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    Quote Originally Posted by Etrusco-romano View Post
    Thanks for the welcome, I'm happy to talk with a brother greek "Italians and Greeks: one face one race" :)

    You're right when you say the word "Roman" is more cultural than ethnic, but I want to say that Rome, seen as the city, was populated by free citizens from all Italy, the "real" Romans "real" were the Italics, Etruscans, Venets, Ligurians and so on .... The term "Roman", from the age of Augustus, went to enclose the Italian population, because, even in the late empire, there was always a certain amount of distrust (and racism) towards those "Roman" beyond the Alps.
    The original Roman people consisted of three tribal confederations according to the early Romans. The Senate was composed of 300 Senators, with 100 Senators representing each of the three ancient confederations of Rome: the Ramnes or Latin tribes, Tities or Sabine tribes (Greeks), and the Luceres or Etruscan tribes. Within each tribe, a Senator was selected from each of the tribe's ten curiae. The king had the sole authority to appoint the Senators, but this selection was done in accordance with ancient custom. http://en.wikipedia.org/wiki/Roman_Kingdom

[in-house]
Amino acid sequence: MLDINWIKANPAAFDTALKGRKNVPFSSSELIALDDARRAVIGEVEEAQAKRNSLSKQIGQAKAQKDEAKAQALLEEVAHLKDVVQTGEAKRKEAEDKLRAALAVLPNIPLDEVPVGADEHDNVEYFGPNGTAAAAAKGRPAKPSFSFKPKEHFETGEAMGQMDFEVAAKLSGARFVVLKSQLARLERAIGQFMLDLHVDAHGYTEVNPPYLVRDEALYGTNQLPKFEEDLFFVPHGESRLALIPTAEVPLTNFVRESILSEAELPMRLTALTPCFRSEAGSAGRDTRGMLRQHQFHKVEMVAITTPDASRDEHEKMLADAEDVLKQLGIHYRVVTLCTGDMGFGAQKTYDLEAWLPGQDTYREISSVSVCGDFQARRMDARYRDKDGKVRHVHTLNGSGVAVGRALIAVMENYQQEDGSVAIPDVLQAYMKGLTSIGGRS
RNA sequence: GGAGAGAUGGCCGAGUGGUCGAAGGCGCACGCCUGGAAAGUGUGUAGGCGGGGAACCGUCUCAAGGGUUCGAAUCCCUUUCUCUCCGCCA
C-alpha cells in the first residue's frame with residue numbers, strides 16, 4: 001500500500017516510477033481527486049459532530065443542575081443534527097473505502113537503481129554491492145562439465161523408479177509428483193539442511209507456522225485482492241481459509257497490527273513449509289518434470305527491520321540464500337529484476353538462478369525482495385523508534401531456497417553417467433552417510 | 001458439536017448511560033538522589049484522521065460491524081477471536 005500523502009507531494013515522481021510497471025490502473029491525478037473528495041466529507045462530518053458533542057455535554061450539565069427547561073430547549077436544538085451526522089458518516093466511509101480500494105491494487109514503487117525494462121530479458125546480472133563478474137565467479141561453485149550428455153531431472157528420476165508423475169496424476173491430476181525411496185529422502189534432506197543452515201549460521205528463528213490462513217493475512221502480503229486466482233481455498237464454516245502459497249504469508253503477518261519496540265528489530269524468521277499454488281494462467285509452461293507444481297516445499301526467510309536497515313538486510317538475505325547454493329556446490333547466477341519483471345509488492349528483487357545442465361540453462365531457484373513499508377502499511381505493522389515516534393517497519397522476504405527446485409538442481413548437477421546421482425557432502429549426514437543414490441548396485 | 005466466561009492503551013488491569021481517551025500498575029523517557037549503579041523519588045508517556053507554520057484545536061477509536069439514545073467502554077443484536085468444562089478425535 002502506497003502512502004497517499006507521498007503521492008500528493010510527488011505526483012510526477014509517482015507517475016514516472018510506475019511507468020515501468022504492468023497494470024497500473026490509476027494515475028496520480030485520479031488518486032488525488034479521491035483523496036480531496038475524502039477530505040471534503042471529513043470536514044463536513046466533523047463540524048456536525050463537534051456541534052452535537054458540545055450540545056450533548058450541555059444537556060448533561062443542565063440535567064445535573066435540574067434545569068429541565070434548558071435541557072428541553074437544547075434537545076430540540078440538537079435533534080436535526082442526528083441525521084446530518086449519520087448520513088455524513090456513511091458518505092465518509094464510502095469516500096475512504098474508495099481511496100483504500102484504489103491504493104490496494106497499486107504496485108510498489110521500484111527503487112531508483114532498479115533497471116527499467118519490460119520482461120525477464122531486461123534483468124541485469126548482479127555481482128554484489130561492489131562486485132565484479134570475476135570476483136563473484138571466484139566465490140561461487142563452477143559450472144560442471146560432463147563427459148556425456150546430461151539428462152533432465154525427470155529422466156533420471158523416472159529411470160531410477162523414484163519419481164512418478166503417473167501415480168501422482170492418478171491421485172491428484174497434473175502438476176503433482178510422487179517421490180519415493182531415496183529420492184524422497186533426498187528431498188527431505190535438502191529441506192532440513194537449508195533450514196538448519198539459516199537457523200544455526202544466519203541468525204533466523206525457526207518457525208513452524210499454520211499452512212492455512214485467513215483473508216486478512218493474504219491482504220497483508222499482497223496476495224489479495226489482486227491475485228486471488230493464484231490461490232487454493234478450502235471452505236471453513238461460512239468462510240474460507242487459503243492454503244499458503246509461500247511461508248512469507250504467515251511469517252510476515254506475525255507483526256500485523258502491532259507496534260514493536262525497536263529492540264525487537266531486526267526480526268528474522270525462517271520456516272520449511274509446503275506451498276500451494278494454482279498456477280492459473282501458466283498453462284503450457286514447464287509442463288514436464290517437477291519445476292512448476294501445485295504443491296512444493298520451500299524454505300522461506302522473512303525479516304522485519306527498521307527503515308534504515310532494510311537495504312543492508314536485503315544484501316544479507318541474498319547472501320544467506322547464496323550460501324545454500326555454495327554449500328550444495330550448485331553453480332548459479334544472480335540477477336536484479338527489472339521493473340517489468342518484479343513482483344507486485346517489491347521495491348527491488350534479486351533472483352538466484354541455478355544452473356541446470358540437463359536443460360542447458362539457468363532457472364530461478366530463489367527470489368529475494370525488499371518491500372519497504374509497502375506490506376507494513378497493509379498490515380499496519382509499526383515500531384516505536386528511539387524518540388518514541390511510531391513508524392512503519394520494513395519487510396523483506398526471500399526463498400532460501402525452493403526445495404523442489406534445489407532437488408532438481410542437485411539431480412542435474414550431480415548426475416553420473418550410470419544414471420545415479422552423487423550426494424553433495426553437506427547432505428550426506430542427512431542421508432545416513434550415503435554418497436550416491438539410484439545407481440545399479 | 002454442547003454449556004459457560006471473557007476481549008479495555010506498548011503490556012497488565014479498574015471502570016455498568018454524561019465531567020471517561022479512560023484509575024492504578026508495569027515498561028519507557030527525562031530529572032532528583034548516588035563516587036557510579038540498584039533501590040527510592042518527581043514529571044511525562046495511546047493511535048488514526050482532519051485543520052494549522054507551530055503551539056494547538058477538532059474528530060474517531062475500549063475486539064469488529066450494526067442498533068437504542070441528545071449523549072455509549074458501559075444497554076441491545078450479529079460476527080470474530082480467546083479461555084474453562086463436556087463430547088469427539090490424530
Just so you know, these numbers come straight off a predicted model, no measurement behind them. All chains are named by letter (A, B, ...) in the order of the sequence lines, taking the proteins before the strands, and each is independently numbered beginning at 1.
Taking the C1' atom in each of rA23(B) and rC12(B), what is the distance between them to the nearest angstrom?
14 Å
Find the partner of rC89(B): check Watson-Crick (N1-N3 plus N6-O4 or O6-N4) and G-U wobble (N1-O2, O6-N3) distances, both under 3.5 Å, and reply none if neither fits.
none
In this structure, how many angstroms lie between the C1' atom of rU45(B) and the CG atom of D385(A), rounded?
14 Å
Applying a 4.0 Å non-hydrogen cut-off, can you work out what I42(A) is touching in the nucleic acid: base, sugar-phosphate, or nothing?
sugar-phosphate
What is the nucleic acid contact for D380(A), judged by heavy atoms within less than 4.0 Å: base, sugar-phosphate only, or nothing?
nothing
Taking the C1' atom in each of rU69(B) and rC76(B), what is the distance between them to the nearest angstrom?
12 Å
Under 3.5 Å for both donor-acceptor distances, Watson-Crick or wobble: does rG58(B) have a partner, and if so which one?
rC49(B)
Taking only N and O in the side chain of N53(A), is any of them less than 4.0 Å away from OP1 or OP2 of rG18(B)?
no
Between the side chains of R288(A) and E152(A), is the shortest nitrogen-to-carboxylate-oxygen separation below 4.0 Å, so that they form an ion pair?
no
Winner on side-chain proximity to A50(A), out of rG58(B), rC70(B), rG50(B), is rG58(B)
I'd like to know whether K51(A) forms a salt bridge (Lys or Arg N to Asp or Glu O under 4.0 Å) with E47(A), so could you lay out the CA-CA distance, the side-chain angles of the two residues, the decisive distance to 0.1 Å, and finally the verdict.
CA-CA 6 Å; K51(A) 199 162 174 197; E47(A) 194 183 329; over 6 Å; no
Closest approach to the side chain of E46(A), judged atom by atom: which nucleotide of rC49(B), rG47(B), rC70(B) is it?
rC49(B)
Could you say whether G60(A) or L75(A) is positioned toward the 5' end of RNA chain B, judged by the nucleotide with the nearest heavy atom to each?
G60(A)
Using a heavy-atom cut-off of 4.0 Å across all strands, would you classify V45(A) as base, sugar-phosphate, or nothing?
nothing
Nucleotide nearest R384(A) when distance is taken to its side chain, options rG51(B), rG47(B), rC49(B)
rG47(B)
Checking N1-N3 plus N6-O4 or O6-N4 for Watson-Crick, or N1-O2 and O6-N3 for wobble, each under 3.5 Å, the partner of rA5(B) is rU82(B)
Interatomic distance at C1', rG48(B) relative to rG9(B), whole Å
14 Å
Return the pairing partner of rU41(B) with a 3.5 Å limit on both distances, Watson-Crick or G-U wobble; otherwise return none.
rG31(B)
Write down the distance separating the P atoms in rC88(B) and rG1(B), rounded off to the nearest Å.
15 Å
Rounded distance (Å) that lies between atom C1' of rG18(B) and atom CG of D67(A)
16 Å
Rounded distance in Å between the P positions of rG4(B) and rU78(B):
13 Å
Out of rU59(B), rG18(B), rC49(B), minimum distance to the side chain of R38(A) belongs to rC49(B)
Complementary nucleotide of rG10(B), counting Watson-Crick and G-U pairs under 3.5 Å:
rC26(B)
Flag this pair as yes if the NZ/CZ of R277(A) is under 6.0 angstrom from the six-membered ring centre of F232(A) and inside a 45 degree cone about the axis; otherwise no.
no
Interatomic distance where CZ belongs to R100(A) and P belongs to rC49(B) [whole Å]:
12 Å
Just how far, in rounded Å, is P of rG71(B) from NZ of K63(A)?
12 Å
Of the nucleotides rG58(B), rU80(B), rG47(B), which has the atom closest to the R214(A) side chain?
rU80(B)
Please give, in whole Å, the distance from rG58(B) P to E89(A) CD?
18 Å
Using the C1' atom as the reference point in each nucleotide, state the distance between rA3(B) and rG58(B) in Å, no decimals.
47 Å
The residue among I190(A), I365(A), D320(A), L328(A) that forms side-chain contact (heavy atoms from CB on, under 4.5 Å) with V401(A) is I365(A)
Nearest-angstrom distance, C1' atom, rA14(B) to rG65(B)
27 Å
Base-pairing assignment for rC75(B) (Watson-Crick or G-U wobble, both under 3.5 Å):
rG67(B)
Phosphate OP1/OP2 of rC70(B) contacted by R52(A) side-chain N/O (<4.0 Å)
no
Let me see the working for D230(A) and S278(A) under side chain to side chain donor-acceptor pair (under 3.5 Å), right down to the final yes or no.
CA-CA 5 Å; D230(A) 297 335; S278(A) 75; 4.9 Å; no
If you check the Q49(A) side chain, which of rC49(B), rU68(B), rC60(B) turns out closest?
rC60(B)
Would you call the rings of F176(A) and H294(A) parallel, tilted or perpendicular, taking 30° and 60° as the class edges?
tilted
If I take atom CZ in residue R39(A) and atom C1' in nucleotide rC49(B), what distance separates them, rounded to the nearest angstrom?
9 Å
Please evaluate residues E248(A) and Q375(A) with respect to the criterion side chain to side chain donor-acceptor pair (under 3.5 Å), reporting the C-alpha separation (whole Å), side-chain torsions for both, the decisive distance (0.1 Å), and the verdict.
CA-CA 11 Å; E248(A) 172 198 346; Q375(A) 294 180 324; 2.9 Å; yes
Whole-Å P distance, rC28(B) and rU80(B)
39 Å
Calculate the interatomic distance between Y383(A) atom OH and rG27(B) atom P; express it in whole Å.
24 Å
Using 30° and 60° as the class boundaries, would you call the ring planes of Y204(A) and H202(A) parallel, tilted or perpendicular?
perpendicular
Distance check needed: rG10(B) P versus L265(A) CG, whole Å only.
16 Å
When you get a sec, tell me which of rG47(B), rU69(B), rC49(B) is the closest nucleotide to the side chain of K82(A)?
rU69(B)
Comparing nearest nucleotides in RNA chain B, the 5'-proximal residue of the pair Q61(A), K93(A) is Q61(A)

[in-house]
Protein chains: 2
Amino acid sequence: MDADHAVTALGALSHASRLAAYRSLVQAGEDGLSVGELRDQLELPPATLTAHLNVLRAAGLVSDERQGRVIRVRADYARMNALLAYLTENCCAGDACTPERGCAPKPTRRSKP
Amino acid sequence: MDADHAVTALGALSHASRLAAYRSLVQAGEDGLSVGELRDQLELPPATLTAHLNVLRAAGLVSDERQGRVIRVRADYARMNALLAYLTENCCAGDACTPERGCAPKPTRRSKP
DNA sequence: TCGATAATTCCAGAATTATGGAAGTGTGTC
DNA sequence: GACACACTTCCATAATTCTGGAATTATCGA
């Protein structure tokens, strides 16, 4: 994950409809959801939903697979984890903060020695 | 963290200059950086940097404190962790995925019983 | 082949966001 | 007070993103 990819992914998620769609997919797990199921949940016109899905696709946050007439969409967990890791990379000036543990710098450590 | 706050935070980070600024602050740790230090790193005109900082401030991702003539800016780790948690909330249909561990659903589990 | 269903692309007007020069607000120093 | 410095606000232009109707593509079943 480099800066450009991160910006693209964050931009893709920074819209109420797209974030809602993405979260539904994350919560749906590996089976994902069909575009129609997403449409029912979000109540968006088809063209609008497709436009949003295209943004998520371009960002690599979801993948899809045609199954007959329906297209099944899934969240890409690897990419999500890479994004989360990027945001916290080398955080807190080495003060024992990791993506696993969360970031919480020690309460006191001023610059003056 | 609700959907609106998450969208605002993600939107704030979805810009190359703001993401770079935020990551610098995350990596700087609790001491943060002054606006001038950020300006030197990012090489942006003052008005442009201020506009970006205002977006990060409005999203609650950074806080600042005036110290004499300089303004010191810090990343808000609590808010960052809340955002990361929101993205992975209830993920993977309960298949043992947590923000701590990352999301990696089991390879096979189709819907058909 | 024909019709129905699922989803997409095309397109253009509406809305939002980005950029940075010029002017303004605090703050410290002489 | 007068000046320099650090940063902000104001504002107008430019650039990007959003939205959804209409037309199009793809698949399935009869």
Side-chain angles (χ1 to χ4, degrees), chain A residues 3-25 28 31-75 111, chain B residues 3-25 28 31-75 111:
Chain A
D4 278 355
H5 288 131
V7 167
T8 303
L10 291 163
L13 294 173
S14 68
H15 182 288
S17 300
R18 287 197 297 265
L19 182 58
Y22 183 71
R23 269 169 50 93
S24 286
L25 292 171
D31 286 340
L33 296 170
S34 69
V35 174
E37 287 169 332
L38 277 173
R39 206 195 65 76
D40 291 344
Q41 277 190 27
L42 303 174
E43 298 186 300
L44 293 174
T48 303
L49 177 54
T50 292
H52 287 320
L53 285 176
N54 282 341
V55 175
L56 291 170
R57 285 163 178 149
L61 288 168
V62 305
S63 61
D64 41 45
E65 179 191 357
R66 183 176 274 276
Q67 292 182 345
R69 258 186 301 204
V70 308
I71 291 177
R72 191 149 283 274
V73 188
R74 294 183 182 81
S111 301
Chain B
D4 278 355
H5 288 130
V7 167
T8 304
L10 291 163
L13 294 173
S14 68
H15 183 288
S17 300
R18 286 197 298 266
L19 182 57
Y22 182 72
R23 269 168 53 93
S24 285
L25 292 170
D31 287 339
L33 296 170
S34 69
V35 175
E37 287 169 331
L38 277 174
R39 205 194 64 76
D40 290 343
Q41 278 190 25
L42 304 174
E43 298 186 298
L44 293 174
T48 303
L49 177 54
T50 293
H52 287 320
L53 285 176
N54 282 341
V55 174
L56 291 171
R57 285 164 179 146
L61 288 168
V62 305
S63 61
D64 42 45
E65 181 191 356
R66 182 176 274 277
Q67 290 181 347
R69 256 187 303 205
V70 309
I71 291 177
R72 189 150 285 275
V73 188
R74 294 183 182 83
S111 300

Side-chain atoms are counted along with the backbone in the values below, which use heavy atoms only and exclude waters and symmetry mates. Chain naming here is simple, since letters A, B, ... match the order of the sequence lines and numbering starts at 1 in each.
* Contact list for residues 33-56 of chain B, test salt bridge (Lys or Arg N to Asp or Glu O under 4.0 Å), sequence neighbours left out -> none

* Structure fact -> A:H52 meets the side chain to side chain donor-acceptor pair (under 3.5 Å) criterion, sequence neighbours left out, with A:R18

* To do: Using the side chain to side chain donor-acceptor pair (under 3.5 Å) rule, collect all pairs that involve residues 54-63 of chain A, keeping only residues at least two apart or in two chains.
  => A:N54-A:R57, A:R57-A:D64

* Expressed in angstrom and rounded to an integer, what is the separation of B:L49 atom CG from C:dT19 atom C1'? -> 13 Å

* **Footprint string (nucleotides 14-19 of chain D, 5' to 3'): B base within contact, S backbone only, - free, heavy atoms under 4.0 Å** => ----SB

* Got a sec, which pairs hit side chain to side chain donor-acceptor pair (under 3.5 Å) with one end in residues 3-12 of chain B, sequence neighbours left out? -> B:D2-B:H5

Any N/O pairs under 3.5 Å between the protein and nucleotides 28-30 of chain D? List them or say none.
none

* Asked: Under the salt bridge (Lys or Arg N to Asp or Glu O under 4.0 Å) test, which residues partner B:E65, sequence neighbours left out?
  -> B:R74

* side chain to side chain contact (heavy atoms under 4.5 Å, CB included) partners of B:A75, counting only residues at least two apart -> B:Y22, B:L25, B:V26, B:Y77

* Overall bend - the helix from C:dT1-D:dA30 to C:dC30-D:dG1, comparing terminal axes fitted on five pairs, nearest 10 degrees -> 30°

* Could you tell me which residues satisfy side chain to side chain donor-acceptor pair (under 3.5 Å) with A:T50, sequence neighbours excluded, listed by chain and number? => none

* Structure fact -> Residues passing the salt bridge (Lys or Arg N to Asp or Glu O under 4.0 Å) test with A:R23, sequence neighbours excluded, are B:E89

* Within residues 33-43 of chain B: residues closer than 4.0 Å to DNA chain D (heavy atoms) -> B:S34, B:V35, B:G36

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    Good timing for starting this discussion; I was also about to bring up a new argument in favour of an Italic origin for U152/S28.

    First of all, welcome to the forum, Etrusco-romano. I have long argued that R1b-S28 was an Italo-Celtic marker, not an exclusively La Tène/Hallstatt Celtic or Gaulish one, nor only an Italic or Roman one. However today I wish to give more support in favour of the Italic origin.